Tarkovsky Quartet | ECM 2159



“It is to a true inner world that François Couturier and the Tarkovsky Quartet with Anja Lechner, Jean-Louis Matinier and Jean-Marc Larché give us a splendid access. Here are poetic ballads in which the voices of the piano, cello, accordion and saxophone rise up, answer one another, entwine, fade, and return... In which the pulse, like the beating of a heart, and the most imperceptible sounds sketch out a world in which the soul may soar with its entreaty and its dreams. Huge wings unfold, stretch out and close again. The image of dancers comes to mind. A whole protected interior space of long drawn out silences, in which, miraculously, improvisation remains sovereign. This is probably what brings us closest to the 'absolute freedom of the spiritual potential of man' which Andrei Tarkovsky regarded as the essential function of art.”

Charles H. de Brantes, Director of the Andrey Tarkovsky International Institute

Following on from “Nostalghia – Song for Tarkovsky” (2005) and the solo piano album “Un jour si blanc” (2009), this new recording, made in the responsive acoustic of the Auditorium RSI in Lugano, completes a trilogy for François Couturier. It also opens a new door for his quartet, known henceforth as the Tarkovsky Quartet. The work of filmmaker Andrei Tarkovksy (1932-1986) continues to provide inspiration for the pianist, and his compositions here are packed with allusions to Tarkovsy’s life and art. In a liner note, Charles de Brantes illuminates some of these references, pointing out that the titles of the twelve pieces heard here themselves constitute a series of tributes. “A celui qui a vu la’ange”, for instance, is an epitaph inscribed on Tarkovsky’s tombstone. “Tiapa” and “Maroussia” were Tarkovsky’s affectionate nicknames for his youngest son and his mother. “Myshkin” is named for the Dostoyevskyan prince whom Tarkovsky often spoke of as an apt film subject.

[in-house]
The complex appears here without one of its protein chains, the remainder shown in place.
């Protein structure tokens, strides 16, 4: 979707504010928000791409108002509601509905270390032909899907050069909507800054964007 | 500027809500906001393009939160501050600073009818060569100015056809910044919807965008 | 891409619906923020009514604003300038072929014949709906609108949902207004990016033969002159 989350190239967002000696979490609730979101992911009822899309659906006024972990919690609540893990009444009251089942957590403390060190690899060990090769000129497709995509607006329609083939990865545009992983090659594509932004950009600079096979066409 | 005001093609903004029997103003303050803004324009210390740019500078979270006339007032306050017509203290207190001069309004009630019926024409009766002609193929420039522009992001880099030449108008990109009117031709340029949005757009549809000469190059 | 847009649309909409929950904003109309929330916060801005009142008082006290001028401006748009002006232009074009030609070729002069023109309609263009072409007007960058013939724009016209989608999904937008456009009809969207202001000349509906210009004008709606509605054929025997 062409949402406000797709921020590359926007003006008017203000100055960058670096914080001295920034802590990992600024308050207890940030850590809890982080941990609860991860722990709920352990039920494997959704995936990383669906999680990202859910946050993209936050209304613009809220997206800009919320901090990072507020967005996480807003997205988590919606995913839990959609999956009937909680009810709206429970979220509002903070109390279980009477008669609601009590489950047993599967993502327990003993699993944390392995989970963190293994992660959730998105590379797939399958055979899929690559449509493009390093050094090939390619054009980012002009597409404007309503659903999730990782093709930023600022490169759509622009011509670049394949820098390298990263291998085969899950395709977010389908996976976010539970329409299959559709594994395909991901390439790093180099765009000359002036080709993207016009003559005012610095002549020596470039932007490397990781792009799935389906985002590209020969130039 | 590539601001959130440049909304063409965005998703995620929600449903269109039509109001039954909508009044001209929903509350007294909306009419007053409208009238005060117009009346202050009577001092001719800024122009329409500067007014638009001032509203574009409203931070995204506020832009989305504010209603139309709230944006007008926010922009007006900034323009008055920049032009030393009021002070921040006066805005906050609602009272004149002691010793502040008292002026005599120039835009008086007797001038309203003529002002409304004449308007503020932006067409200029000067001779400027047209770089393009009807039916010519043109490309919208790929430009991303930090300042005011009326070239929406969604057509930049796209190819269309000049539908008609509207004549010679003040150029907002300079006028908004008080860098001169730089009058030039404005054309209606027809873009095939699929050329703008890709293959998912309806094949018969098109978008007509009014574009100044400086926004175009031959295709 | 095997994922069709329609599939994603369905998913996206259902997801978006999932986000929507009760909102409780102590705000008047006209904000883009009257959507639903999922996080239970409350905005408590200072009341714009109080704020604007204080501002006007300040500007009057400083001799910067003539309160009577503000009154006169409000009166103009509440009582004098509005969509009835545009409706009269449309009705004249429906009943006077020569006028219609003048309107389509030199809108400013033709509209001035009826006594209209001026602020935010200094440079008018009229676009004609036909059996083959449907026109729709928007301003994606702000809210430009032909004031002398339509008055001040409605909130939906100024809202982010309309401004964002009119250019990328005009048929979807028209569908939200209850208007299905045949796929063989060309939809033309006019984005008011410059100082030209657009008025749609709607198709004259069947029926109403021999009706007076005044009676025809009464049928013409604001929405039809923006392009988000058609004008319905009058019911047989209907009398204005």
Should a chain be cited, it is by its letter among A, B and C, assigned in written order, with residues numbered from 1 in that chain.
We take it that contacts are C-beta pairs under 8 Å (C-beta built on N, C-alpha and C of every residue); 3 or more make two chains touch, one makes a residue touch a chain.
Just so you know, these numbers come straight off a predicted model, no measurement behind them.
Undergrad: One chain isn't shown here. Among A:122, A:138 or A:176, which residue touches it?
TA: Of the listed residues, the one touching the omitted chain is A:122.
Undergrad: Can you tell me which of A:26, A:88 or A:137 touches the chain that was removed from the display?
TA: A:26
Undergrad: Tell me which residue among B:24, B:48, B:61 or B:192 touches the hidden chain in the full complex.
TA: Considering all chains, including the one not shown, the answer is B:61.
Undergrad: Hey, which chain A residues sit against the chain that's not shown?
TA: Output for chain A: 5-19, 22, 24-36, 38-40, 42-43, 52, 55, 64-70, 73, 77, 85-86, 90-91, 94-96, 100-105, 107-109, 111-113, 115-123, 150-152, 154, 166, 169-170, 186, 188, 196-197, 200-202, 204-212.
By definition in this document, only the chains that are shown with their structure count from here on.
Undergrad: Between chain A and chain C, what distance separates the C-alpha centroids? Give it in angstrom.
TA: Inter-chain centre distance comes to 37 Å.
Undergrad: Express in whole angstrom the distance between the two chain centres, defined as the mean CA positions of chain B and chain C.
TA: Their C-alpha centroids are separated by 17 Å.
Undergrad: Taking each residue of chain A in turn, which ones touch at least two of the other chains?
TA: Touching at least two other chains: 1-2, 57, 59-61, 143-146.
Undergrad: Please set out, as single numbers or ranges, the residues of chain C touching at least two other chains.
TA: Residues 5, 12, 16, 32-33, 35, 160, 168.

“San Galano” is the ruined abbey in “Nostalghia. “Mouchette” was Tarkovsky’s favourite Bresson film, and “Doktor Faustus” the Thomas Mann novel that he longed making into a movie. Tarkovsky wrote the screenplay for the Tajik Western “Sardor”, but never filmed it. “La passion selon Andrei” was the original title of Tarkovsky’s historical masterpiece. “L’Apocalypse”, last book of the Bible (Revelation), is a frequent reference in Tarkovky’s last three films, “La main et le oiseau” (The hand and the bird) “feature in the brief scene in ‘The Mirror’ which Tarkovsky later referred to as his self-portrait. This leads, finally to “De l’autre côté du miroir”, the other side of the mirror: through the looking glass toward other destinations for the imagination.

“San Galagno”, “Sardor” and “Le main et l’oiseau” are collective improvisations by Couturier, Lechner, Larché and Matinier, their musical depth testimony to the way in which the group has developed in the last five years. All other pieces are composed by Couturier, who points out that “A celui qui a vu l'ange” is inspired by "Qui est homo" from Pergolesi's "Stabat mater" and “Maroussia” by Johann Sebastian Bach's “Das alte Jahr vergangen ist”. “La passion selon Andreï” references "Herr, unser Herrscher” from Bach's “Johannespassion”, and “Doktor Faustus” makes allusions to Shostakovitch's Sonata for violoncello and piano, op. 40.